What would you tell your younger self about sex if you could? A member of our community opens up about their experience with vaginismus, a pelvic floor condition which makes penetrative sex difficult or impossible. Read more to find out about their experience.
Dear past me, sex shouldn’t hurt.
And I wish someone had told me that. I wish that there was more information available to my sixteen year old self than the terrifying rabbit hole of Web-MD. Cosmopolitan had assured me that sex might hurt to begin with – it often does for people with vaginas – but that it would get easier.
Armed with the information that pain was par for the course, I didn’t realise there was anything wrong with the way I was experiencing sex. My peers in high school weren’t having it, or weren’t discussing it, and so it wasn’t until I reached university that I realised something was different for me. My friends with vaginas and I would talk about our experiences over bottles of wine and as my head got hazier, my situation became clearer:
“You mean it doesn’t hurt you? Not even at the beginning? Not like a stinging pain? Or bleeding?”
My friends would shake their heads, bewildered. I think this was the point where I first heard the word vaginismus, which is a condition where the vagina tightens up when something is inserted into it. Because I was still able to have penetrative sex at that point – albeit with discomfort – the word didn’t flash like a lightbulb above my head or resonate particularly deeply with me.
However, as the months went on and I continued to have relations that I wanted but that my body was not ready for, I found I couldn’t have penetrative sex at all. Sexual dysfunction is as much a mental affliction as a physical one. Sex was sore – but so was the crushing feeling that somehow I had failed at being the sex-positive woman that I wanted to be.
Faced with the fact that this was not a typical experience, at last I went to the GP. My doctor was a very kind woman who explained to me that I probably did have vaginismus, and that she would refer me to a sexual health clinic. Cue: a global pandemic, and several months later, I arrived at Chalmers sexual health clinic to pick up my vaginal trainers. I remember I picked them up on the way to meet a friend, and we laughed, unwrapping them from their packaging like they were something naughty. For the rest of the article, I’ll be referring to vaginal trainers as dilators, which I’m aware is wrong, but this is what I’ve always called them.
Dilators, for me, were an important part of treating vaginismus. They are designed to stretch the pelvic floor muscles and allowed me to practise being relaxed. For the first time in my life, I was meditating on a regular basis. The dilators came in various sizes. For the first several months of using them, I was so happy that I could insert the smallest one. Healing is not, and never was linear. Sometimes, I push myself too far, cause some pain, give myself a fright, and have to start back at square one. Teaching myself to be calm and forgiving has helped me to go at my own pace. Appreciating the small wins is important; I remember being ecstatic at being able to wear a tampon for the first time in years.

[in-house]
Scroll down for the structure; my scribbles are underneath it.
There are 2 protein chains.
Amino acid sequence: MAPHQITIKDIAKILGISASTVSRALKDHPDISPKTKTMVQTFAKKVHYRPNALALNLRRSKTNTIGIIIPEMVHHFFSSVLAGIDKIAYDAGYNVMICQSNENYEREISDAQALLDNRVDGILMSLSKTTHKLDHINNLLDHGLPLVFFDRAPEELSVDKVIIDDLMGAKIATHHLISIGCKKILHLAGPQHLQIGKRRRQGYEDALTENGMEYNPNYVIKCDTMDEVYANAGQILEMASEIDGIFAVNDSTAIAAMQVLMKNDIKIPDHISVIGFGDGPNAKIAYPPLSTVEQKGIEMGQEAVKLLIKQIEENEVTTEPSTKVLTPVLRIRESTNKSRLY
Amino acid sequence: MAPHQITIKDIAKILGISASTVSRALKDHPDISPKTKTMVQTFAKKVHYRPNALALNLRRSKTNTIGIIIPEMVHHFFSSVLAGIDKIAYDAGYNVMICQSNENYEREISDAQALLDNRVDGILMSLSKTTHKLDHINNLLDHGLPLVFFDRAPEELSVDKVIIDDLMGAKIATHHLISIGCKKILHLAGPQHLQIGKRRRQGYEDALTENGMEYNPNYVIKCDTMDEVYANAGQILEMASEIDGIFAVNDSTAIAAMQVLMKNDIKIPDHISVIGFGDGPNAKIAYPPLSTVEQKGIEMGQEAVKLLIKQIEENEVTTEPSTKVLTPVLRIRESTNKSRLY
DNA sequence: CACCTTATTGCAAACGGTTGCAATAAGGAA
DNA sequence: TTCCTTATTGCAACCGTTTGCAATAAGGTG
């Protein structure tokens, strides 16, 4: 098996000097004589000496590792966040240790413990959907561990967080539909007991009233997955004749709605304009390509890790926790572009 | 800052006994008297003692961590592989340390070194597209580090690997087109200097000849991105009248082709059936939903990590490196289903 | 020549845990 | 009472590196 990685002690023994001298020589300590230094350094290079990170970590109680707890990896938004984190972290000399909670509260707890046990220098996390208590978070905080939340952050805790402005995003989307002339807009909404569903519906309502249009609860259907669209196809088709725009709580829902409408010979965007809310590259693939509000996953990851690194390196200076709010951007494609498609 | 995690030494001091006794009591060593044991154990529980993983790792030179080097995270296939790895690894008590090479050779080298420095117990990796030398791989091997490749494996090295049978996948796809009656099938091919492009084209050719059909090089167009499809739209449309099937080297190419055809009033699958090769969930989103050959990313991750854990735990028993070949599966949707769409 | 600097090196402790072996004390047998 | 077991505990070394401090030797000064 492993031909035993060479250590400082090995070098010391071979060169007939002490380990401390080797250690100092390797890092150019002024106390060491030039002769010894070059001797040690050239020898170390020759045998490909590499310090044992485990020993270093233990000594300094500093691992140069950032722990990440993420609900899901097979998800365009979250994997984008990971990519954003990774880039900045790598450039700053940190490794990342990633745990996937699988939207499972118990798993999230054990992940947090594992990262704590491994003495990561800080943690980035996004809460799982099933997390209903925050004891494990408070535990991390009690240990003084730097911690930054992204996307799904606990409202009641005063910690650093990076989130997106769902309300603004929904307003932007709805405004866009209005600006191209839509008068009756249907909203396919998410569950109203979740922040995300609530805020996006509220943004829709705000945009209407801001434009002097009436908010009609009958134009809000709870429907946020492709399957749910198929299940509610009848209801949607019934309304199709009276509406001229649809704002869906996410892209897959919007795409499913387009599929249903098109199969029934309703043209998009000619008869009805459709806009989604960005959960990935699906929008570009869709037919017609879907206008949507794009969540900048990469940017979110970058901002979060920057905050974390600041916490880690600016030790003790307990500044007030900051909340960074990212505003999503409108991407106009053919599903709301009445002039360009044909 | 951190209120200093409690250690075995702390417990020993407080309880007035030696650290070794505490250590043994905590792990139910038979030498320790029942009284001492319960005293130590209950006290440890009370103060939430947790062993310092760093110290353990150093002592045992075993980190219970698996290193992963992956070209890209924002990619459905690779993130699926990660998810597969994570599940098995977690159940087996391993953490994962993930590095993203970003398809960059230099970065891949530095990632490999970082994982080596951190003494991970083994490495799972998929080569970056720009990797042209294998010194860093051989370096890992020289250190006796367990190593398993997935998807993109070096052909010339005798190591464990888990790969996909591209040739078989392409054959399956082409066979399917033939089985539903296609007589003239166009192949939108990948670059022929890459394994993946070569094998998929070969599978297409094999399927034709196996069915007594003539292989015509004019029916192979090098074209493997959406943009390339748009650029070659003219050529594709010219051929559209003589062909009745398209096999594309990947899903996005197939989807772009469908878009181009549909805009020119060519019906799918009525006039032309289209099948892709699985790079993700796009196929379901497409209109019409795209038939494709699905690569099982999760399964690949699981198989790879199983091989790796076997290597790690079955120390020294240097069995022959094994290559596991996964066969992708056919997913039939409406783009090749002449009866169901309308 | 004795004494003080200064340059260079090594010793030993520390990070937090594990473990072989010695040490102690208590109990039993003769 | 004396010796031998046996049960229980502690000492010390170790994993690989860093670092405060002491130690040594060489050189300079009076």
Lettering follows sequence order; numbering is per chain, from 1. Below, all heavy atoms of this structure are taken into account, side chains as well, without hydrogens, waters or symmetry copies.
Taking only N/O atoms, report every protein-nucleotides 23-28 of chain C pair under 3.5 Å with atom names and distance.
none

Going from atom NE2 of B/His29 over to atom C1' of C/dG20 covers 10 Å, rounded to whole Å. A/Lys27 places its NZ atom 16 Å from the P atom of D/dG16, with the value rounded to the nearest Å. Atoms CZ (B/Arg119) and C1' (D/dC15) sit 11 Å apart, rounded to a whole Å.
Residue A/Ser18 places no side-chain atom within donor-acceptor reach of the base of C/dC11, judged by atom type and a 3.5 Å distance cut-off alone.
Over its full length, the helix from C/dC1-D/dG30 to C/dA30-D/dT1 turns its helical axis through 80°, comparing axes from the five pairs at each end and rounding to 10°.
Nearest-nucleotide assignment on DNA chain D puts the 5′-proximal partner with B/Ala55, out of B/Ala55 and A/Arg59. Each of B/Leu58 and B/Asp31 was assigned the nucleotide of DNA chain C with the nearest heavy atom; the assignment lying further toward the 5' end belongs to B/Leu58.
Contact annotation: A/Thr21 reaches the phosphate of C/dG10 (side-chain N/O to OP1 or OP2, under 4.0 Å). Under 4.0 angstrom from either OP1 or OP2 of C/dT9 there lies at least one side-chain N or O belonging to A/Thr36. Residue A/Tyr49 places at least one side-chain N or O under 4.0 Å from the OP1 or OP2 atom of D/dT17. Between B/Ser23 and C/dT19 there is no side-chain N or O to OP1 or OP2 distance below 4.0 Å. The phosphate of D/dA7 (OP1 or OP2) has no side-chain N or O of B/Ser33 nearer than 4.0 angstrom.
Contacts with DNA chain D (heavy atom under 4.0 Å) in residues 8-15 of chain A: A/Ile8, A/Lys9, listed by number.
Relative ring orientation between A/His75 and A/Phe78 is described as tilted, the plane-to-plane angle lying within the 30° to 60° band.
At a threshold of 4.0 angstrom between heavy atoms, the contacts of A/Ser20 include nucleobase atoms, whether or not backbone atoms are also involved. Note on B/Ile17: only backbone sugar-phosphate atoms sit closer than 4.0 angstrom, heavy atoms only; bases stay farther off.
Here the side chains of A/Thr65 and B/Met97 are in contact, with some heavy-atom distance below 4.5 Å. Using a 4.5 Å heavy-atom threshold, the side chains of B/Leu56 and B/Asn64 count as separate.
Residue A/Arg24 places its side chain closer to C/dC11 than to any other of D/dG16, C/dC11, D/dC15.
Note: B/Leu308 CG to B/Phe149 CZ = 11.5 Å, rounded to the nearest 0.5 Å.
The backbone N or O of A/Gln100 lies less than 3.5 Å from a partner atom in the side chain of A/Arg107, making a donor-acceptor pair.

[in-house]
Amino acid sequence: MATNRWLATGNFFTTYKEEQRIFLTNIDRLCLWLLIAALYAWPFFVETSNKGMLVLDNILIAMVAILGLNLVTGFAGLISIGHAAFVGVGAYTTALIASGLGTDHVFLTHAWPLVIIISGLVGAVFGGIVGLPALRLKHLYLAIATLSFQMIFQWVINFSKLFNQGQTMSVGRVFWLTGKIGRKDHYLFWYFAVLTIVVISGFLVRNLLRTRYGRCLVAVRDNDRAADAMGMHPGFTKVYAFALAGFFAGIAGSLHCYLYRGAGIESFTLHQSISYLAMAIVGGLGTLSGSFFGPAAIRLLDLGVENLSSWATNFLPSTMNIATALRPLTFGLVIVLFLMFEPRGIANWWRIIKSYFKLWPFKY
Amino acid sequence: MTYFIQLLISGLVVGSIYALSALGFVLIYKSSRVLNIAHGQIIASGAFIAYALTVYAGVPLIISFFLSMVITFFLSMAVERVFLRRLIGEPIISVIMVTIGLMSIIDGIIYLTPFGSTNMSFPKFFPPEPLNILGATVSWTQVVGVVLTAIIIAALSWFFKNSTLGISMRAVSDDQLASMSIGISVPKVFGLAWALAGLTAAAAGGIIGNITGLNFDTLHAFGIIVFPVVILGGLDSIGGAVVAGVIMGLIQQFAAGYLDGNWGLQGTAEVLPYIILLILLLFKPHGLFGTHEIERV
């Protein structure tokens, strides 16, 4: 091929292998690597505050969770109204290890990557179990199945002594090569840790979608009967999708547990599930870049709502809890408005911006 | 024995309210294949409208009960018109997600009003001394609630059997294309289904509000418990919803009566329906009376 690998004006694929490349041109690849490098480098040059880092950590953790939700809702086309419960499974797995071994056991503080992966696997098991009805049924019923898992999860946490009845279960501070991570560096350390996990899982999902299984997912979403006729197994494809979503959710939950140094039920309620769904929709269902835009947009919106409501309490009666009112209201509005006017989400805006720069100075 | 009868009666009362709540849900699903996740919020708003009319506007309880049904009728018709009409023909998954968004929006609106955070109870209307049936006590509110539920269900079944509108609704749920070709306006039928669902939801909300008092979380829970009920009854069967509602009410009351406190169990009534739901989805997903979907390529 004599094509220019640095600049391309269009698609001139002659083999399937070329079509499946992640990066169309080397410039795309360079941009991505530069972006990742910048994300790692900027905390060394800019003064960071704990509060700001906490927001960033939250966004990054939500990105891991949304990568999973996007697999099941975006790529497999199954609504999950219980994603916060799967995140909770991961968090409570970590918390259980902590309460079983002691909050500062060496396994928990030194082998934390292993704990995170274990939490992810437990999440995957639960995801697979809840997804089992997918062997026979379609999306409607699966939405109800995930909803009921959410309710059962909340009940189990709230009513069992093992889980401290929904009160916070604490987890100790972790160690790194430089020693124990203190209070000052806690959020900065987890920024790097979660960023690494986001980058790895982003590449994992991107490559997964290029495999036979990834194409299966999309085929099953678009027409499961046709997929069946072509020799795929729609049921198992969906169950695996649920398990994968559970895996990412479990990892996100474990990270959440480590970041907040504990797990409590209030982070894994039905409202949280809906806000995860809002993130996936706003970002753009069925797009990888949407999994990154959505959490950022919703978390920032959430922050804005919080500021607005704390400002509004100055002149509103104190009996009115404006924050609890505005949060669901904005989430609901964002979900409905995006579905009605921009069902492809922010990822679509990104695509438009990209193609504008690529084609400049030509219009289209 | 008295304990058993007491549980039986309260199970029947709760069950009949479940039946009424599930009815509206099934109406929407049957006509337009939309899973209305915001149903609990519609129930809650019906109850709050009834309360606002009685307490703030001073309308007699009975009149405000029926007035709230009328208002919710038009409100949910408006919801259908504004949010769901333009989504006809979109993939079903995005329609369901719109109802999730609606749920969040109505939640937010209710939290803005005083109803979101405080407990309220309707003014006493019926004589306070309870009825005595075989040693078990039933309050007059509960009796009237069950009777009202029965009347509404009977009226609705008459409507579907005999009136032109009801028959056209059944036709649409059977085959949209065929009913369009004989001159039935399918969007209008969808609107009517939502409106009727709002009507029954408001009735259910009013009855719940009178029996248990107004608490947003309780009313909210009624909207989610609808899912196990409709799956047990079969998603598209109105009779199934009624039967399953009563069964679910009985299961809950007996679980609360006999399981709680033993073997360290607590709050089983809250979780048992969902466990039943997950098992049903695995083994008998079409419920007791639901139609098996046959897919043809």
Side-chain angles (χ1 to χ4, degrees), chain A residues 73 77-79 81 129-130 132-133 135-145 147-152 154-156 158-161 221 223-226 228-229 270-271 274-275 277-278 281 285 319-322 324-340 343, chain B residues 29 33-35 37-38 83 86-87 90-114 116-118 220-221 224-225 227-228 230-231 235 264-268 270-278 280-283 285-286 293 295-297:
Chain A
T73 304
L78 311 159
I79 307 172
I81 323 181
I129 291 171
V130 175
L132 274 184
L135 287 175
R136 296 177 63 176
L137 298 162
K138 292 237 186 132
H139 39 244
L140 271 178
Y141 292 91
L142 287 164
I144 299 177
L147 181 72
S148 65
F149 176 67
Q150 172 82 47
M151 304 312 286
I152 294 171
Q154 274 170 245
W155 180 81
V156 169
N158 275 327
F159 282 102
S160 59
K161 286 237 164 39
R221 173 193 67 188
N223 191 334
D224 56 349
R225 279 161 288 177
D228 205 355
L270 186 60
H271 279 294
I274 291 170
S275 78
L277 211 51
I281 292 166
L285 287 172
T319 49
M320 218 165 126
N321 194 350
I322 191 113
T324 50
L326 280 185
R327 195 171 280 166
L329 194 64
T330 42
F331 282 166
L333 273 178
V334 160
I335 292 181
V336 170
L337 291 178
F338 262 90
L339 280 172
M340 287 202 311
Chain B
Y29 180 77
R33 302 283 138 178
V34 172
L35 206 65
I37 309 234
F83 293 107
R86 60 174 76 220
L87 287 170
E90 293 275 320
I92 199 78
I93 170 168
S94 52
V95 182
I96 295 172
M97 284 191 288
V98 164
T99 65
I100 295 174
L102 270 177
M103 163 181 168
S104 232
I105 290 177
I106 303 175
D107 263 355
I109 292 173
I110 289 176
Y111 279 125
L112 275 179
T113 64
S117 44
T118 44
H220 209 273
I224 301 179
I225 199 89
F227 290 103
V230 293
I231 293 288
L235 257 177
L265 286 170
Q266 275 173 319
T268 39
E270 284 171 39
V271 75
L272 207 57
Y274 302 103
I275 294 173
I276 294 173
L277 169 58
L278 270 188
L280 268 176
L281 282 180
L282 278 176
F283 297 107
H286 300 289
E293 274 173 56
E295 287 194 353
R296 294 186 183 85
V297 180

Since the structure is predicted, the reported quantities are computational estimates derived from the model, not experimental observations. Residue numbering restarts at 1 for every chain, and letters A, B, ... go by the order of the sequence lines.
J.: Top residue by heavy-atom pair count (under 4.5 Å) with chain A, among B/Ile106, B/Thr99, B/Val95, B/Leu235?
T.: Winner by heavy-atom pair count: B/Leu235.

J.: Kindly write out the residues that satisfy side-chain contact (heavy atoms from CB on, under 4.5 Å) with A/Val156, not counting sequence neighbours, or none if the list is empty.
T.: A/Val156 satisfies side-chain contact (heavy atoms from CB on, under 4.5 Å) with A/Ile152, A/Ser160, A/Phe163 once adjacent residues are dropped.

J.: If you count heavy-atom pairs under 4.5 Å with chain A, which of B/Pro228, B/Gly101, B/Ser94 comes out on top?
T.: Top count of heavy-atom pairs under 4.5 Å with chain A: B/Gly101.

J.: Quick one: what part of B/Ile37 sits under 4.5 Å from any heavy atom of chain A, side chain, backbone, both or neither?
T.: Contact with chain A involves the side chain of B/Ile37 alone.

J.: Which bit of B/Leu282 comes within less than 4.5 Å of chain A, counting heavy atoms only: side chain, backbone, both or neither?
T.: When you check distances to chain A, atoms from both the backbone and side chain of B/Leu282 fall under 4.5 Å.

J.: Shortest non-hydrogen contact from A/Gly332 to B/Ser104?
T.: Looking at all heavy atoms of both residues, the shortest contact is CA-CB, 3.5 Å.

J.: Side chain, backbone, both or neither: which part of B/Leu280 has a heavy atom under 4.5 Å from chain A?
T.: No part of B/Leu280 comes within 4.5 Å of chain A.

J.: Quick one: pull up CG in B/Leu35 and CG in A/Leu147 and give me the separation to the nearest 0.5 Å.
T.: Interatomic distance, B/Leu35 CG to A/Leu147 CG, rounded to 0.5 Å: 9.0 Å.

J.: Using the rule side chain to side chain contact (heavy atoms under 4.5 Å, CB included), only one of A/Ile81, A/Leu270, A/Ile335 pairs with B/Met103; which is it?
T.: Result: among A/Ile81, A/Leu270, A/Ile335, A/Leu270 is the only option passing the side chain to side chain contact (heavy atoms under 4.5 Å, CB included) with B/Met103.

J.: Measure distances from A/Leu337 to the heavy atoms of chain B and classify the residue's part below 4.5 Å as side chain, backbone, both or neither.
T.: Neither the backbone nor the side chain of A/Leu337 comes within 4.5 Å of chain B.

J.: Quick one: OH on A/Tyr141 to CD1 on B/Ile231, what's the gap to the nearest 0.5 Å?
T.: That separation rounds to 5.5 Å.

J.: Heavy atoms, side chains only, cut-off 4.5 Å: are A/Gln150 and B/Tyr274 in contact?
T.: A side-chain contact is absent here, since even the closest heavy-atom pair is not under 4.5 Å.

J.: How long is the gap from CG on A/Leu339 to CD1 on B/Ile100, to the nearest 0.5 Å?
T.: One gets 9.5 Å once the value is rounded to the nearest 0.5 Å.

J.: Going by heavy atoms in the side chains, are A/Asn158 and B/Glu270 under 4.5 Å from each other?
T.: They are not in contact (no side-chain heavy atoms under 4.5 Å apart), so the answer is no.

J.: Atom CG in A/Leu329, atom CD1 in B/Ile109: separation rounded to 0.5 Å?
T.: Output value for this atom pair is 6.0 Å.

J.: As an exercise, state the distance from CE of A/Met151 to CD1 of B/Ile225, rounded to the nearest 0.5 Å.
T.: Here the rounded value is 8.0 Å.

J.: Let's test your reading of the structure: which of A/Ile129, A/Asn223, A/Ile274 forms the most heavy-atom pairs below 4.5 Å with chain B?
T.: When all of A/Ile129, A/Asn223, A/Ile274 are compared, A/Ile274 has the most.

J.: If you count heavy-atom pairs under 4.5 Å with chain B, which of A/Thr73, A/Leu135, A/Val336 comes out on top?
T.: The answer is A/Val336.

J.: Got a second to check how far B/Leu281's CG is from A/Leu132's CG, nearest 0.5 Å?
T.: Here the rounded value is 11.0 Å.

Dear past me, I’m so proud of you.
Vaginismus made dating feel complicated, even though it wasn’t. Intimacy felt all the more intimate because it came with the need to explain a condition not many people had even heard of. It took me a long time to be comfortable sharing this very private part of my life, but I found the courage, and people were kind. I used to joke with prospective partners that although it sounded scary, they definitely couldn’t catch it from me.
Dear past me, sex is not just penetration. There are lots of ways to be intimate with people.
So, dear past me and anyone else in the same position, sex should be, and sex can be, comfortable. Penetration is not the be-all, end-all, and it might not be impossible either. Vaginismus is not a bad word. People will be kind when you explain it to them, and if they’re not, they’re not worth having sex with anyway.
Thank you to the doctors, the dilators and the dear, dear friends who talked about sex with me, without whom I might not have realised what was going on with my body.
If you or someone you know is looking for resources or literature on vaginismus, I have included some links below.
NHS information on how to recognise and treat vaginismus: https://www.nhs.uk/conditions/vaginismus/
Instagram support page: https://www.instagram.com/thevagnetwork/?hl=en
‘Pretending’ by Holly Bourne features a main character who has a very functional dating life and vaginismus, which that really helped to normalise the condition for me. (CW for the book: sexual assault/ abuse within a relationship): https://www.waterstones.com/book/pretending/holly-bourne/9781473668171
Guided meditation for pelvic floor relaxation: https://www.youtube.com/watch?v=4syPT8gMDDA&list=PL-67mn5S6DOI9YBEACfdk04V6LZpB2XfR&index=1&t=323s
Published anonymously by a member of the Clitbait community. If you would like to write about what you’d tell your past self about sex, please email our sex and relationships editor, firstname.lastname@example.org.
Graphic by Lucia Villegas @sweetsunbeams on instagram.